Navigating the Global Me

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Standing on pedestal of a global village


Paul Udoto Nyongesa

What is the ideal way of individually adapting to the powerful phenomenon of globalization and positioning oneself in the global arena? Why should I even be thinking of a global brand given the pervasive reality that “globalization doesn’t seem to be working for the middle class, for the ordinary people,” as said by Canadian Prime Minister Justin Trudeau?

These questions sound rhetorical but they are profound in the global village popularized by a Canadian scholar, Marshall McLuhan.

Globalization is a wave of an interconnected world that has impacted the economy of virtually every nation, affected every industry and touched billions of lives, often in remarkable and ambiguous ways.

In its popular version, the dynamic force of globalization is meant to signify integration and unity. But the reality we can hardly ignore is that we now live in a new world where the very force of globalization seems to be retreating in the face of nationalist agendas and populism.

Given this reality, do I want a global brand? And, at what cost or risk? Won’t this be self-defeating in the light of the dangerous emergence of a world of populism, divisiveness and fear of others? Won’t I be perceived as a sell-out to the so-called others?

These are some of the important questions I have to grapple with. However, one reason I need to build a global brand is because of my exciting year-long stay in the US as a Humphrey Fellow. This year will not only broaden my perspectives on global issues but also foster a better understanding of cultures.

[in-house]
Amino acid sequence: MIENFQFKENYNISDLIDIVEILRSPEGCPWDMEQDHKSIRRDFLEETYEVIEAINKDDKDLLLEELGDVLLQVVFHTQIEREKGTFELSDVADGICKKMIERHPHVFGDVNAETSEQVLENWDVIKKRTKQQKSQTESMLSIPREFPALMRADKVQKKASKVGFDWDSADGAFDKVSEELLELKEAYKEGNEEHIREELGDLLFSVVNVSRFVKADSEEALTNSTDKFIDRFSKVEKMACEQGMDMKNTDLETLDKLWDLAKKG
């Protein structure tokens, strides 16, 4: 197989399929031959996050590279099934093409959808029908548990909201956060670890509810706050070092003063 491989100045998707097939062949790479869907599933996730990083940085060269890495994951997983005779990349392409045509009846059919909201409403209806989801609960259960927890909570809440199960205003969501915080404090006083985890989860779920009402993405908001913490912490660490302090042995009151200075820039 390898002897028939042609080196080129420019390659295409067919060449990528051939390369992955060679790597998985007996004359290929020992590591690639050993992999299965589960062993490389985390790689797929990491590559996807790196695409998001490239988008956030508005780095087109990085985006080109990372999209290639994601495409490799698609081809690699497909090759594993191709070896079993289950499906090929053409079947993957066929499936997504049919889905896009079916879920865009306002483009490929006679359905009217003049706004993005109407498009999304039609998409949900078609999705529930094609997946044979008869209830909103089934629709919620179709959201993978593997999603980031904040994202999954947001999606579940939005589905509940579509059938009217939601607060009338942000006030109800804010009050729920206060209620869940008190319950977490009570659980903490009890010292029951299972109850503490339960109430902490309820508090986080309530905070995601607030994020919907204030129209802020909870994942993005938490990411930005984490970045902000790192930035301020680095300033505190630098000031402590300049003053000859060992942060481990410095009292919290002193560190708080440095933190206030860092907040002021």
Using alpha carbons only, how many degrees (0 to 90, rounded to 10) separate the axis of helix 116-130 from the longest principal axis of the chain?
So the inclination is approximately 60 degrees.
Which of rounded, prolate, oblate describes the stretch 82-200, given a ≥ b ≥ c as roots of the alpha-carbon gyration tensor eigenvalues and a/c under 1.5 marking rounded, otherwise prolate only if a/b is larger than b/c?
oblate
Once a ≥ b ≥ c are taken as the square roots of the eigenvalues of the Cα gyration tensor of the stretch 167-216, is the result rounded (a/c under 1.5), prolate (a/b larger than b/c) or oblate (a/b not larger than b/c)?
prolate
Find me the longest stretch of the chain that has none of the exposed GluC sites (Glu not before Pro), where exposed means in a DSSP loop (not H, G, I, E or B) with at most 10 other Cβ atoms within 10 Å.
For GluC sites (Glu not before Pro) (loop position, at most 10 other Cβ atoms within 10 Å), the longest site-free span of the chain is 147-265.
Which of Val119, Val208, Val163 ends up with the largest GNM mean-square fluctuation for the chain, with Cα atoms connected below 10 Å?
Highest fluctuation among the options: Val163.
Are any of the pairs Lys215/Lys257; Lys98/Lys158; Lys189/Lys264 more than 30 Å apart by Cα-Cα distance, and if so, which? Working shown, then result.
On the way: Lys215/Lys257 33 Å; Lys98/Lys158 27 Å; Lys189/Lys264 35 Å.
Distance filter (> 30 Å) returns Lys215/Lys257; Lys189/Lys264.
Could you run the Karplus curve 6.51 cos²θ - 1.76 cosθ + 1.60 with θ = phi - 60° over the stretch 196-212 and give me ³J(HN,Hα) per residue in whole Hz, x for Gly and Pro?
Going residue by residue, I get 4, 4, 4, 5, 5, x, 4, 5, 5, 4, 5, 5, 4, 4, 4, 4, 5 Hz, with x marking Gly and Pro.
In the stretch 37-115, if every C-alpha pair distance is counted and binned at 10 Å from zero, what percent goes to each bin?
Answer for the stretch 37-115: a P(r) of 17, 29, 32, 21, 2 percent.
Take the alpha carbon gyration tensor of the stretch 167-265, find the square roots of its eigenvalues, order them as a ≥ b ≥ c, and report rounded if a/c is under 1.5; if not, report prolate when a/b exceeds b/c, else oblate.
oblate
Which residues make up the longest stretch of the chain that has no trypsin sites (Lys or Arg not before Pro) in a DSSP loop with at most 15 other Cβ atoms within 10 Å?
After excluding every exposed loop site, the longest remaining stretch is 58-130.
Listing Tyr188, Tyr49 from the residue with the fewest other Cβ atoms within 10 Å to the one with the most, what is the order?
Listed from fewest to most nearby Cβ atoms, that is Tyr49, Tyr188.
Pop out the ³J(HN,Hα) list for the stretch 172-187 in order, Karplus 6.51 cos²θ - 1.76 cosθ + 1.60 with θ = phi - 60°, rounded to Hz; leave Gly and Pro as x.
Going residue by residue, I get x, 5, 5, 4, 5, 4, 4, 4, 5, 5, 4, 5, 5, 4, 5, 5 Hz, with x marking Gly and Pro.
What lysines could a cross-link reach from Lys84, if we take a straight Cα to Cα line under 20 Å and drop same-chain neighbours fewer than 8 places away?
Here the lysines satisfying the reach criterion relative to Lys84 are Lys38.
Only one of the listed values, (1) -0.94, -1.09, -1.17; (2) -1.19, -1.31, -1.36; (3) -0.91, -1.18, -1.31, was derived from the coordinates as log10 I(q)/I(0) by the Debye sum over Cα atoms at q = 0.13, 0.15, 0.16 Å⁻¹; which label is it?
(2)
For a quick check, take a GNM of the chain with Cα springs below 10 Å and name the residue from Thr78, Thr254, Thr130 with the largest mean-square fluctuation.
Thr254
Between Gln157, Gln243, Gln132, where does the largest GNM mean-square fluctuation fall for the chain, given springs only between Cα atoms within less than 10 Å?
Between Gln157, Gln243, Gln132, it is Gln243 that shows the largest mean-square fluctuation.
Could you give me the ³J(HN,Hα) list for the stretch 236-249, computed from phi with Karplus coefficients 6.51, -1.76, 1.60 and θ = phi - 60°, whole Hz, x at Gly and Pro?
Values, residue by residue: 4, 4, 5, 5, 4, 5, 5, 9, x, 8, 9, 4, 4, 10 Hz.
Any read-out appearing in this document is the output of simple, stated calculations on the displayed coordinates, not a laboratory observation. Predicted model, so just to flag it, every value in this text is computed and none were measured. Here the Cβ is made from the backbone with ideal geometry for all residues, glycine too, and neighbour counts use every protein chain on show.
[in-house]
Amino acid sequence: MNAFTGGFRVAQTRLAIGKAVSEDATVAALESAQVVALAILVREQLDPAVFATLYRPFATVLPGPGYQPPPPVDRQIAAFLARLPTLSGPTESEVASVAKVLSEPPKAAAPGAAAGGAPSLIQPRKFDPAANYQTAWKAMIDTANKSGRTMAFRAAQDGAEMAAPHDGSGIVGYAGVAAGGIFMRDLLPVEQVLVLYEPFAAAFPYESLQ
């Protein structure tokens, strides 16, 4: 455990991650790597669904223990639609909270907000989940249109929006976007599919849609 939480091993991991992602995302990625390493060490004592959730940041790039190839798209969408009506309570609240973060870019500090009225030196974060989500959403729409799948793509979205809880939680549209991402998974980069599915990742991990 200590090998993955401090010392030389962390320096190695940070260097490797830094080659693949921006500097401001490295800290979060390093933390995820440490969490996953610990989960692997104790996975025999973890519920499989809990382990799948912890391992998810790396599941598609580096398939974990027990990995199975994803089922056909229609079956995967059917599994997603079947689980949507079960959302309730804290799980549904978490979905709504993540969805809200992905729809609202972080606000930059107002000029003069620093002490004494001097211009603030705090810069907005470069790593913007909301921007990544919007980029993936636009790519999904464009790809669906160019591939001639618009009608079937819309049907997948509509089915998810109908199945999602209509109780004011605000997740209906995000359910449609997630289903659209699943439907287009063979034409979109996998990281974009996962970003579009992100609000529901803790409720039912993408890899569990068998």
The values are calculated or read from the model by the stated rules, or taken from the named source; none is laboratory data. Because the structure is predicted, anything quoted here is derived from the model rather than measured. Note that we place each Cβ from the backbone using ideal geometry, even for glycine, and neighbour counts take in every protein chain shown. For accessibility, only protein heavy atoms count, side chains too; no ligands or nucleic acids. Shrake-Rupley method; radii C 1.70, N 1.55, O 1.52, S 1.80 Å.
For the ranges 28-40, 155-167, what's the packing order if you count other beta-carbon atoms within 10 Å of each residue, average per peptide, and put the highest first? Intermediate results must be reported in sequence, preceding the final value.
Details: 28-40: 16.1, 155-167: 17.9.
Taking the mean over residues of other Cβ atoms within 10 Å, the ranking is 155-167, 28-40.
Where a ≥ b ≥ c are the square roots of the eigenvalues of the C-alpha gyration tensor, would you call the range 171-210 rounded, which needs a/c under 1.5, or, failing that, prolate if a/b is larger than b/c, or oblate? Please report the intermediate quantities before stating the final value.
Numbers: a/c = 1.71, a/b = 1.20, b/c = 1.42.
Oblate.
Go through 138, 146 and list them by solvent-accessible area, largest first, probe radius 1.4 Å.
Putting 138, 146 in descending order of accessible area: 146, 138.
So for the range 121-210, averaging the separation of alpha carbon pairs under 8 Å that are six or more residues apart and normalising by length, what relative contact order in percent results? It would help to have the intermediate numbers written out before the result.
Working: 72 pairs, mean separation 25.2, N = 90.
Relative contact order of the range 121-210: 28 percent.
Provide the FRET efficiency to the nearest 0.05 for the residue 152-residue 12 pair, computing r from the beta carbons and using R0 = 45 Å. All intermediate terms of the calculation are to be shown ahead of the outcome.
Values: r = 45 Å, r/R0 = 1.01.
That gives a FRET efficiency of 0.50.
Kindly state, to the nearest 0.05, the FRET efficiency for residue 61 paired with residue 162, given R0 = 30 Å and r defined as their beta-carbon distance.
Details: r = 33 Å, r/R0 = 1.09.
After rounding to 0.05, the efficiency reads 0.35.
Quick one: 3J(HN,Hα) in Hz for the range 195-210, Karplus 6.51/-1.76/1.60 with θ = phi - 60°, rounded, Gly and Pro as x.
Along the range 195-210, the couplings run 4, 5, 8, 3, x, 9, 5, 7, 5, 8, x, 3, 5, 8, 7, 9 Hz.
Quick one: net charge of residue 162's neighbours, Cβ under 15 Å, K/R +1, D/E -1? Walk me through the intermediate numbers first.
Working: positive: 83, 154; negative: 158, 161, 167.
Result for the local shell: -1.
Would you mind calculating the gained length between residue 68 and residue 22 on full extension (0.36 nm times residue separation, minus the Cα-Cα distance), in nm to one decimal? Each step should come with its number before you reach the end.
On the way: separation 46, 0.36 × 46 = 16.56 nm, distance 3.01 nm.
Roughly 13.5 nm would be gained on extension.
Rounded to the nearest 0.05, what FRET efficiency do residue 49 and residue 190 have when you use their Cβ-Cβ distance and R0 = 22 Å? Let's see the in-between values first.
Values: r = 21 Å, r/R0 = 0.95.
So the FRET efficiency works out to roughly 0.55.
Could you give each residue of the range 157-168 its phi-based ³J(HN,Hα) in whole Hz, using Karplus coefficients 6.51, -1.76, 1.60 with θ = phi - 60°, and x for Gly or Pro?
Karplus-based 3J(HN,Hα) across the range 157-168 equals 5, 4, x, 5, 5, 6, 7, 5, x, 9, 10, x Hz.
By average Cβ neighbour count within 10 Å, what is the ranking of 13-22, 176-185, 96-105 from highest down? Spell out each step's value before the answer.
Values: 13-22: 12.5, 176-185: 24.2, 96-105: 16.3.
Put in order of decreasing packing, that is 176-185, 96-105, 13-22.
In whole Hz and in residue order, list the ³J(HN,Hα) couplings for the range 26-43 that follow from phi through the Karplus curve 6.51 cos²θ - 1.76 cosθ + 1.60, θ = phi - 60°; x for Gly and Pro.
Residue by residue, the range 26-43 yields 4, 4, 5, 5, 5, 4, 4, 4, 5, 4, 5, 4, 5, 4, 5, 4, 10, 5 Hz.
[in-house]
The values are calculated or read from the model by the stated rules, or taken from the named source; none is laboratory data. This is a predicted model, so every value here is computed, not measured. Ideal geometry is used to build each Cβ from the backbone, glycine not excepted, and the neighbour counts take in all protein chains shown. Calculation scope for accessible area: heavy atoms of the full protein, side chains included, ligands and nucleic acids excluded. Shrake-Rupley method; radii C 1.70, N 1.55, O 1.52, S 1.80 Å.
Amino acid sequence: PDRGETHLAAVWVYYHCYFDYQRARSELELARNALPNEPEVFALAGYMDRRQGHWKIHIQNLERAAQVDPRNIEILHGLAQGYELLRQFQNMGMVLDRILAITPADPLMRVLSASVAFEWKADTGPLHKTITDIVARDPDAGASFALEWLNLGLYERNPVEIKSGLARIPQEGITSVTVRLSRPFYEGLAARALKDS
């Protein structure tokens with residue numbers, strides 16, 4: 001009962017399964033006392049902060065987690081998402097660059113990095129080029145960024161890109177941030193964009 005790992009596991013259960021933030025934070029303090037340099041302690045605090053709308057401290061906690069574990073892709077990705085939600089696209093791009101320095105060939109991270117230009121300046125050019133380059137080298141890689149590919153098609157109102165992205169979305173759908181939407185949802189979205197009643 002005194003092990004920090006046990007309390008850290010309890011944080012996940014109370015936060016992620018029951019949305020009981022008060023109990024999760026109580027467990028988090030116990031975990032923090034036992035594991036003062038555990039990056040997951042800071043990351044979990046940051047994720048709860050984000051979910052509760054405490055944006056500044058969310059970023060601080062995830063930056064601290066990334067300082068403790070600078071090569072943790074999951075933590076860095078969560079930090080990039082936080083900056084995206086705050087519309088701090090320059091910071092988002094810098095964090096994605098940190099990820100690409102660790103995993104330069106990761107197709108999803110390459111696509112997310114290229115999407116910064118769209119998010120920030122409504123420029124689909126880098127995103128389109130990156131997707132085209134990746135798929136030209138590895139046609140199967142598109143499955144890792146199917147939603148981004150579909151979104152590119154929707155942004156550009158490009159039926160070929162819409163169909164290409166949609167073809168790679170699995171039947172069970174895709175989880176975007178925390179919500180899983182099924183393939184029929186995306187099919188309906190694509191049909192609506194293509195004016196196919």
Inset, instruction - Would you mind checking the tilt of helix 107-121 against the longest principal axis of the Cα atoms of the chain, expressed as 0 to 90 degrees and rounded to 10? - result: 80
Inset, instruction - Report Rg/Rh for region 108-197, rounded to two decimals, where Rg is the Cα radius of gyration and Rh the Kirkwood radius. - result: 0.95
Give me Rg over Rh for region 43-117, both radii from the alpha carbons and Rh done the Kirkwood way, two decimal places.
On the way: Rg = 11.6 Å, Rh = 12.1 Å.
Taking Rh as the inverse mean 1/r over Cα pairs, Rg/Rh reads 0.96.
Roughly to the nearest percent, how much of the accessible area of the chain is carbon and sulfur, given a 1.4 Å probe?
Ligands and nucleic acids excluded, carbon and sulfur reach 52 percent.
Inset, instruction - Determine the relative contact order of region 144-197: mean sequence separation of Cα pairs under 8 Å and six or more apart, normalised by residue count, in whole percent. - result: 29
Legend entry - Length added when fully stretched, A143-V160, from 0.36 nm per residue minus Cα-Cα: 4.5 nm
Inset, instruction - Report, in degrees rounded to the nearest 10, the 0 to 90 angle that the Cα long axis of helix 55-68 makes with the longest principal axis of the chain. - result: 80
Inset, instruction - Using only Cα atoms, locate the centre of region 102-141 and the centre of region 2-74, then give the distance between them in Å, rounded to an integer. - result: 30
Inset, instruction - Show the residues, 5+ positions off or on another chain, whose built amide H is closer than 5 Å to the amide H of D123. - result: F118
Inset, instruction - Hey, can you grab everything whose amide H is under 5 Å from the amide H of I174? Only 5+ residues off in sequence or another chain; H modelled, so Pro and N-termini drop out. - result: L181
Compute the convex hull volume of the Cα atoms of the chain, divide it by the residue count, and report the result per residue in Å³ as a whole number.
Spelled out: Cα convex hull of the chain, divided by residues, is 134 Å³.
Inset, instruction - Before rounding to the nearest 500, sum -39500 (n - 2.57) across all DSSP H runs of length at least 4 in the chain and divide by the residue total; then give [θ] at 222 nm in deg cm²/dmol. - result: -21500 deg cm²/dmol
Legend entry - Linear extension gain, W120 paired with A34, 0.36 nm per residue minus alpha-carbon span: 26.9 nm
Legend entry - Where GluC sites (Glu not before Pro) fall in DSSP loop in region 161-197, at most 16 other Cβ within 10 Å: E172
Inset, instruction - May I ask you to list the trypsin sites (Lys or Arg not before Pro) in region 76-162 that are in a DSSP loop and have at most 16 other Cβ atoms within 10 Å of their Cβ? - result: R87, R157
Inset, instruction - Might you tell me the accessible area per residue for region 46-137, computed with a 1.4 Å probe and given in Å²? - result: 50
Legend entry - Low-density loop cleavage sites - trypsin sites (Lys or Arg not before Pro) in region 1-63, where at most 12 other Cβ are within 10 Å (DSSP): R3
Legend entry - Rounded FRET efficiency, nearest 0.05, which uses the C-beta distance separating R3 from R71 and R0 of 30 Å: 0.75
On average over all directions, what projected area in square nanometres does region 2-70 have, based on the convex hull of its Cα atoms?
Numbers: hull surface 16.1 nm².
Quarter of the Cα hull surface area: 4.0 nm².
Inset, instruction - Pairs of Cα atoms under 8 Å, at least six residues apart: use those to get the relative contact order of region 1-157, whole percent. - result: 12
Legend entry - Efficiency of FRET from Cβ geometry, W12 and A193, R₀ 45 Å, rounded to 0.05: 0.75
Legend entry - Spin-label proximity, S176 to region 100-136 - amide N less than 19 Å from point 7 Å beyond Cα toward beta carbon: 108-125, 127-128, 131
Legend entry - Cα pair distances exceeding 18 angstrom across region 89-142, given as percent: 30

Therefore, I should project a global brand that fosters greater understanding among nations and international collaboration. I am now part of the solution to challenge the flattening world and the obstacles it presents.

Whether or not we like it, we live in a ‘flat,’ technologically connected world, as put by renowned New York Times Foreign Affairs columnist Thomas Friedman.  The only challenge is how to adapt to this reality.

From a practical point of view, I have a couple of platforms to project a global brand, including social media like Facebook, Twitter, Instagram as well as speaking opportunities. A few questions remain: How much of my private life should be projected on these platforms? How do I strike a balance between my nationalistic instincts and internationalist values? And how do I position myself as a global leader, yet be rooted in my particular country?

The bottom line is that I should be cautious with the personal details I share with the public. Many people look up to me as a role model and I should live up to their expectations in person and online. It also naturally follows that I should serve as a ladder for others to climb to their full potential through coaching and mentorship. That begins with how I project my global brand, and the legacy I want to leave behind.


Screenshot of one of the books by Marshall McLuhan on globalization.

Screenshot of Paul Udoto Twitter account: An example of  branding on social media